Chan told MPD Weekender yesterday that she was inspired by the popular matchmaking reality TV programmes on the mainland that sparked conversations on relationships.

Without giving away too much of the content of the show, director Huang Ding-Yun said that everyone needs love and everyone needs to practise love, likening the performance as a rehearsal on how to fall in love.

“Cinema is safe and great for a first date, because you don’t need keep talking and the film can be a topic to discuss afterwards, and while you’re watching a film, you’re spending time together,” Huang said, pointing out people feel moved by a film, whether it was good or not, because a scene or the message reflects on the viewer’s personal experience, family or relationships, and moves the viewer to have that moment in the film come true in real life.

Chan added, “There are also different reasons for staying single, but there also a situation when people see a romantic film that hits right in their heart and motivates them to look for love.”

One of the show’s performers, Kong Ka Man, shares the view.

Although her role is acting in the show, she’s playing herself in the context of love, which she finds helps bring out a truer version of herself.

“You watch the characters of the film, and think I’ll never be like that but then in reality you imitate those characters,” Kong said, besides letting herself open up, the show is also a space for her to practise love.

Since the audience is part of the show, the content differs depending on how much they are immersed into it.

“We let the audience play a role in the show because that’s how a community works together,” Huang said, “Conventional theatre would be just conveying a message to the audience, it’s a one-way thing, but when the audience are participants, we have discussions and express our thoughts freely.”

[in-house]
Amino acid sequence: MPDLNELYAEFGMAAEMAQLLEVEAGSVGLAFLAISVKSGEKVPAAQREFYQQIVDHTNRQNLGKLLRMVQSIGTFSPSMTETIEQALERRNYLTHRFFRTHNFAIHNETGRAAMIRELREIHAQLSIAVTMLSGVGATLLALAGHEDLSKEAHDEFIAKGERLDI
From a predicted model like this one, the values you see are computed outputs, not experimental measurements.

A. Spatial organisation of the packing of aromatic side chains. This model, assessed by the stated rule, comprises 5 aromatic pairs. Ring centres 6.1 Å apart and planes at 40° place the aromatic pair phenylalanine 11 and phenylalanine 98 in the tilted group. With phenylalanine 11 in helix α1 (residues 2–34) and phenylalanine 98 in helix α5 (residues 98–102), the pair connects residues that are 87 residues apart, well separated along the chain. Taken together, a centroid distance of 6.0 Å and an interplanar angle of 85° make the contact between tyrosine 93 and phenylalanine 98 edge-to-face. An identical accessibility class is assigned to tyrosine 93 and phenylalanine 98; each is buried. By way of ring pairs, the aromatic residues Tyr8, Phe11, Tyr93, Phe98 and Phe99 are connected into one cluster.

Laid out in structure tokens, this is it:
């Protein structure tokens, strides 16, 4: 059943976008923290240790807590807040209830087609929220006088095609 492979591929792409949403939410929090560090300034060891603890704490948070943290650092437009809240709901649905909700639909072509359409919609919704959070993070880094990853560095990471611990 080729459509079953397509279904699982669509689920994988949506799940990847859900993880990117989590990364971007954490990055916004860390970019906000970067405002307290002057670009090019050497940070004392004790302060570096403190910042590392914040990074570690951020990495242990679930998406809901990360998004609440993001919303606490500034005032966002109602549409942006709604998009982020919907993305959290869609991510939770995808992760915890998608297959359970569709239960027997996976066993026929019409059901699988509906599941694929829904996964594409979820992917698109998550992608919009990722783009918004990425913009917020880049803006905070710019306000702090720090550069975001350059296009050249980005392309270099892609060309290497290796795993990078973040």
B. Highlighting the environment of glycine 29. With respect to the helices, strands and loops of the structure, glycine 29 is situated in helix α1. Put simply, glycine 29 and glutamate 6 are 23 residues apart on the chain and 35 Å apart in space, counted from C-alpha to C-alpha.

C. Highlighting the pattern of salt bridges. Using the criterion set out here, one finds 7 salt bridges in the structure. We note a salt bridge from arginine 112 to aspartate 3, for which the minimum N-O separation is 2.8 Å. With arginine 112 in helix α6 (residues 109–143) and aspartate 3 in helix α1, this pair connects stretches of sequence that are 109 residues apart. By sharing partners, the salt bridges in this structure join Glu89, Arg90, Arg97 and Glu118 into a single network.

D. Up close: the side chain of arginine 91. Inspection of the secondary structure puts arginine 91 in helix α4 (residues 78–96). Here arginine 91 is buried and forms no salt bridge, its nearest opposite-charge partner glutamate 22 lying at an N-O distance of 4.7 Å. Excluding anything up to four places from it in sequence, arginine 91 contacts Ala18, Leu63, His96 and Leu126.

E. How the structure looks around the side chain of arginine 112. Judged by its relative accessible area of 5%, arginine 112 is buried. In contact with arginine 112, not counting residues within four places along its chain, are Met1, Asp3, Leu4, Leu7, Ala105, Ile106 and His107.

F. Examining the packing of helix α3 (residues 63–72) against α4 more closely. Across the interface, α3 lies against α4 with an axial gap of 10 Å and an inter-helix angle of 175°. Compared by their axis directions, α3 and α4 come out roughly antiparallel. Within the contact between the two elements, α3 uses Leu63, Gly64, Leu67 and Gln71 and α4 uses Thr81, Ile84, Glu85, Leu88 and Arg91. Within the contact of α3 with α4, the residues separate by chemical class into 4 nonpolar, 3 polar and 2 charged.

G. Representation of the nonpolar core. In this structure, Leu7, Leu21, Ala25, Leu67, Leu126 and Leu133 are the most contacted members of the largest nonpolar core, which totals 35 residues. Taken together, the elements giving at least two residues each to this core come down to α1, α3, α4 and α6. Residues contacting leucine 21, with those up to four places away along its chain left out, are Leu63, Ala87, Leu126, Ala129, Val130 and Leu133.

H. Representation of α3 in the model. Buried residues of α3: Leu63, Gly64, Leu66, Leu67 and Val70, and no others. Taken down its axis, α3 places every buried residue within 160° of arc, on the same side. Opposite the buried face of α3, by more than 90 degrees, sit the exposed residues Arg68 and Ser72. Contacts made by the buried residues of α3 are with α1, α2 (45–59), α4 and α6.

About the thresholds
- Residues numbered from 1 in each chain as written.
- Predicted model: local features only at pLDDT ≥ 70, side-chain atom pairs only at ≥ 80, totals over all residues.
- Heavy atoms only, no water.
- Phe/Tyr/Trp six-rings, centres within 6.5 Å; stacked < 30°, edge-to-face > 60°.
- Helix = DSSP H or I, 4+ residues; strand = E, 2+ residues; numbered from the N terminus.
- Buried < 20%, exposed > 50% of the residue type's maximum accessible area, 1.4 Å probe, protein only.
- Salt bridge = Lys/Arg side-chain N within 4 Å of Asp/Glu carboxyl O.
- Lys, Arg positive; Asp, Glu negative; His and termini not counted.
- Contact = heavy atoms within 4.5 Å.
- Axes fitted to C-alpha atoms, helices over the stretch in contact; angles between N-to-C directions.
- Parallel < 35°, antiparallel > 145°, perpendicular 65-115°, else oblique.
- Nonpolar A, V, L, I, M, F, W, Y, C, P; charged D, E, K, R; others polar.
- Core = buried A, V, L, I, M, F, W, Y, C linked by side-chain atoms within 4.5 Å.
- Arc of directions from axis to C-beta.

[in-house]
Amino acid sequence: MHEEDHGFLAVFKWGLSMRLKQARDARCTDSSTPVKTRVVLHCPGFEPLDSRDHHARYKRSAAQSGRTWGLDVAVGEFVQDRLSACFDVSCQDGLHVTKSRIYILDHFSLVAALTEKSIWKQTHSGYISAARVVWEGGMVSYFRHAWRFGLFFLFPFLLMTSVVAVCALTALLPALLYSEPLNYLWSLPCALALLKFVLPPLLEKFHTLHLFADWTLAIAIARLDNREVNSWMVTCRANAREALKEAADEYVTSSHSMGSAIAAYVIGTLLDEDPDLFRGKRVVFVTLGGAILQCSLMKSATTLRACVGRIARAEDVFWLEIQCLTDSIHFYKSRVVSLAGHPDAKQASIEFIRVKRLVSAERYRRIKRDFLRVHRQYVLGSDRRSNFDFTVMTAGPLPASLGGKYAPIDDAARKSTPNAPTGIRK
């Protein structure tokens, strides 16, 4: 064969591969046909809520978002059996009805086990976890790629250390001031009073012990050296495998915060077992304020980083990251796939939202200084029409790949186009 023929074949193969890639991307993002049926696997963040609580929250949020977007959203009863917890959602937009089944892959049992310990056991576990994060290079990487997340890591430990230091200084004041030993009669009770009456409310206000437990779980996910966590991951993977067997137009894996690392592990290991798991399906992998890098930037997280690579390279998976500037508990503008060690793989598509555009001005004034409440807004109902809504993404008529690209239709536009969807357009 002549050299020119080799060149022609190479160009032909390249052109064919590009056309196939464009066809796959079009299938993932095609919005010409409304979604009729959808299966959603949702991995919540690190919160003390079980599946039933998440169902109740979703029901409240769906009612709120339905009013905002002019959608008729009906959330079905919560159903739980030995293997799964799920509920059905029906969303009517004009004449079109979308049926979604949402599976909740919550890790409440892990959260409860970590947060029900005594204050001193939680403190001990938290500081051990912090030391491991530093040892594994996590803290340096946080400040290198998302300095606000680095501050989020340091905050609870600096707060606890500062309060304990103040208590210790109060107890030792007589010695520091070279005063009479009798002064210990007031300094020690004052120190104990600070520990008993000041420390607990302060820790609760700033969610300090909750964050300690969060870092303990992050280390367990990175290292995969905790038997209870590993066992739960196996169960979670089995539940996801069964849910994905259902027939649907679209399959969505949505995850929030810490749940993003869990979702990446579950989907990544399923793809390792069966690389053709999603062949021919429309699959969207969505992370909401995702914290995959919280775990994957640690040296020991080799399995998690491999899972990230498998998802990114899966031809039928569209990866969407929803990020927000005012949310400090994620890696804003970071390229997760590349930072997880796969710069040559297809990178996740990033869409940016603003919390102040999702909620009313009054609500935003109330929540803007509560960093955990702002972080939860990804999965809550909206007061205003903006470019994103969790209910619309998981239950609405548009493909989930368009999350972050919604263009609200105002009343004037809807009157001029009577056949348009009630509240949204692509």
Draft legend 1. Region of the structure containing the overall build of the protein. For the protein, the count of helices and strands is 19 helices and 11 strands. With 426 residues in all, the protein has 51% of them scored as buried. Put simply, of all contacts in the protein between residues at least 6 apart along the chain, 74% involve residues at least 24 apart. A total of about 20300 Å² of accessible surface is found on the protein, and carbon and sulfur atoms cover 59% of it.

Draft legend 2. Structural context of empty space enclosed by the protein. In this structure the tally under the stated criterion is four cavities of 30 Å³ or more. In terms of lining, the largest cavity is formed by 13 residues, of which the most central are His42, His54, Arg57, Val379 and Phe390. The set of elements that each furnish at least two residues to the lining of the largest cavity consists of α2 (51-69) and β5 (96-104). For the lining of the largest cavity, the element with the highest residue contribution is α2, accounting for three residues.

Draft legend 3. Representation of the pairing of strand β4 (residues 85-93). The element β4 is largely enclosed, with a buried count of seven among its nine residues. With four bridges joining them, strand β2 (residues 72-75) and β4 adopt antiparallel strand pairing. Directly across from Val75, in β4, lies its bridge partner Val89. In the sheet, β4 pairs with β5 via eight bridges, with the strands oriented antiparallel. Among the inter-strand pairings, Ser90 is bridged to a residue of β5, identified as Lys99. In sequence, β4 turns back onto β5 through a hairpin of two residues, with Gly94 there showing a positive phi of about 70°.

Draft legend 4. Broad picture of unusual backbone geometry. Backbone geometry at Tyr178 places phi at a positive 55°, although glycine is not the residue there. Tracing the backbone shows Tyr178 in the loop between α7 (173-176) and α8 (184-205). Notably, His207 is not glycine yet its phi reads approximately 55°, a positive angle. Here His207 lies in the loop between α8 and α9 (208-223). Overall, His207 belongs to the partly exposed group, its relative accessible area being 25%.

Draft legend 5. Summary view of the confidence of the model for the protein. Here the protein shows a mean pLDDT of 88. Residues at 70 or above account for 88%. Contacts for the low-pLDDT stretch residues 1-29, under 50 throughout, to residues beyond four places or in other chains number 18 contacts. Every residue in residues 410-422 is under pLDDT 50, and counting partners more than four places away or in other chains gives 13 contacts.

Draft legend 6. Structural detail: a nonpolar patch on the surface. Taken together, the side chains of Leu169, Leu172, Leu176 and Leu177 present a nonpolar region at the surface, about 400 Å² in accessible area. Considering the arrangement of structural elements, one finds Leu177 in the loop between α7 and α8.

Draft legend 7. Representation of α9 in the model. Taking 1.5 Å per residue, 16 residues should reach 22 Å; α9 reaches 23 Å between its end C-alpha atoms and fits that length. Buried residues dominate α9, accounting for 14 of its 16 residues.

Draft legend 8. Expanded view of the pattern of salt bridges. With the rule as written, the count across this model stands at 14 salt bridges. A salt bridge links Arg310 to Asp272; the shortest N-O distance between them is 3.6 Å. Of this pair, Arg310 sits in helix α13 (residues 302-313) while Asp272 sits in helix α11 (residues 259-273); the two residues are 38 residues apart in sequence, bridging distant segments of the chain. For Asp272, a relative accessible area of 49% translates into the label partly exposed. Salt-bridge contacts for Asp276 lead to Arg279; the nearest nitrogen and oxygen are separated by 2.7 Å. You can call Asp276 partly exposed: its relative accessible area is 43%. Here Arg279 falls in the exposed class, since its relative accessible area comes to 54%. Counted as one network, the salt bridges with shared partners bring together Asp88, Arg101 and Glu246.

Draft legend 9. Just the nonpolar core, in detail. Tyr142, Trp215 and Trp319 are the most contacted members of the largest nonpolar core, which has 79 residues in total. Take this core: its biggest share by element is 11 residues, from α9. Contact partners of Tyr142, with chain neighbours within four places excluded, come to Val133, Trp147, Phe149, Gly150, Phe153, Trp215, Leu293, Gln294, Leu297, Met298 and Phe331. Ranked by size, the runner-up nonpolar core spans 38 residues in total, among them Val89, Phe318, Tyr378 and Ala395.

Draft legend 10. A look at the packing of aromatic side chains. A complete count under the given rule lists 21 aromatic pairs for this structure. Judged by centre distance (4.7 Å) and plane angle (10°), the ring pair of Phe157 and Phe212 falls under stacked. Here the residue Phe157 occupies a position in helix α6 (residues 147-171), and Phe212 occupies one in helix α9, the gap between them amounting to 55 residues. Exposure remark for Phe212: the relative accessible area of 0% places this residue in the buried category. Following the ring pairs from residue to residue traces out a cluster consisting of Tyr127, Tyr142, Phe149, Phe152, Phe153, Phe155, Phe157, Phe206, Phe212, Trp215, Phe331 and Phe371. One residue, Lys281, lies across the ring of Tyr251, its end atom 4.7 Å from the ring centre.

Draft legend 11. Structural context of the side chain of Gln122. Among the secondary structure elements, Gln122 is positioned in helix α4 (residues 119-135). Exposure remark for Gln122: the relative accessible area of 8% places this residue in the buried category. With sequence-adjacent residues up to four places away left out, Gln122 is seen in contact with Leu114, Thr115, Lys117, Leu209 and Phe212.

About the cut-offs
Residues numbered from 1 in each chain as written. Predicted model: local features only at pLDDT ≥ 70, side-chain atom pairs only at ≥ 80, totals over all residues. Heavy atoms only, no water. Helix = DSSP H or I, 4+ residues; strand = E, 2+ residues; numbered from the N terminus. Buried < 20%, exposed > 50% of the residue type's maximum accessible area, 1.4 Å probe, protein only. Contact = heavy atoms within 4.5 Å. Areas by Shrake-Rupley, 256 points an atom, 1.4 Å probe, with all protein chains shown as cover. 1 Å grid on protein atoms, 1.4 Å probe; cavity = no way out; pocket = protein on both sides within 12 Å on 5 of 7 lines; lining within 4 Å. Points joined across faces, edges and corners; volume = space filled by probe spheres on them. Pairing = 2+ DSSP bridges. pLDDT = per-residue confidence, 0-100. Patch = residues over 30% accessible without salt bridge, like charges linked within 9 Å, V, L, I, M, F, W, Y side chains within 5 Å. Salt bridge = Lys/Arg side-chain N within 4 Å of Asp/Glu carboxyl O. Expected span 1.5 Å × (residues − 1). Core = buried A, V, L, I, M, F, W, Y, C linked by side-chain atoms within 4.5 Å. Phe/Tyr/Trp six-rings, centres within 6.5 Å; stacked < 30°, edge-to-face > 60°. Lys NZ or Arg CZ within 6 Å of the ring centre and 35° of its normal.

Chan said that one of the challenges preparing the show was casting, as actors each had different thoughts and expectations about the show.

“Some didn’t want to show their true self in the show, some were not sure with the physical contact involved, some asked how far they need to go because they worry they’d upset their other half in real life,” Chan said.

But for Kong, “I find it mysterious and fun.”

The show during the Fringe Festival is in Cantonese and tickets are all sold out, but there are already plans for re-runs with sessions in different languages..


This photo provided by IC shows a site of a crime scene for the “Macau Murder Tour”.


Wilson Li Wai Wing of “Macau Murder Tour” poses for a photo after speaking to MPD Weekender in Areia Preta on Wednesday.


This photo provided by IC shows the production of paper theatre “Fragile”.


This photo provided by IC shows poster campaign for “Cinematic Duo”.


“Cinematic Duo” producer Chan Si Kei (centre), director Huang Ding-Yun (left) and actor Kong Ka Man pose for a photo after speaking to MPD Weekender in Cinematheque Passion yesterday.


This photo provided by Chan Si Kei shows actors in rehearsal for “Cinematic Duo”.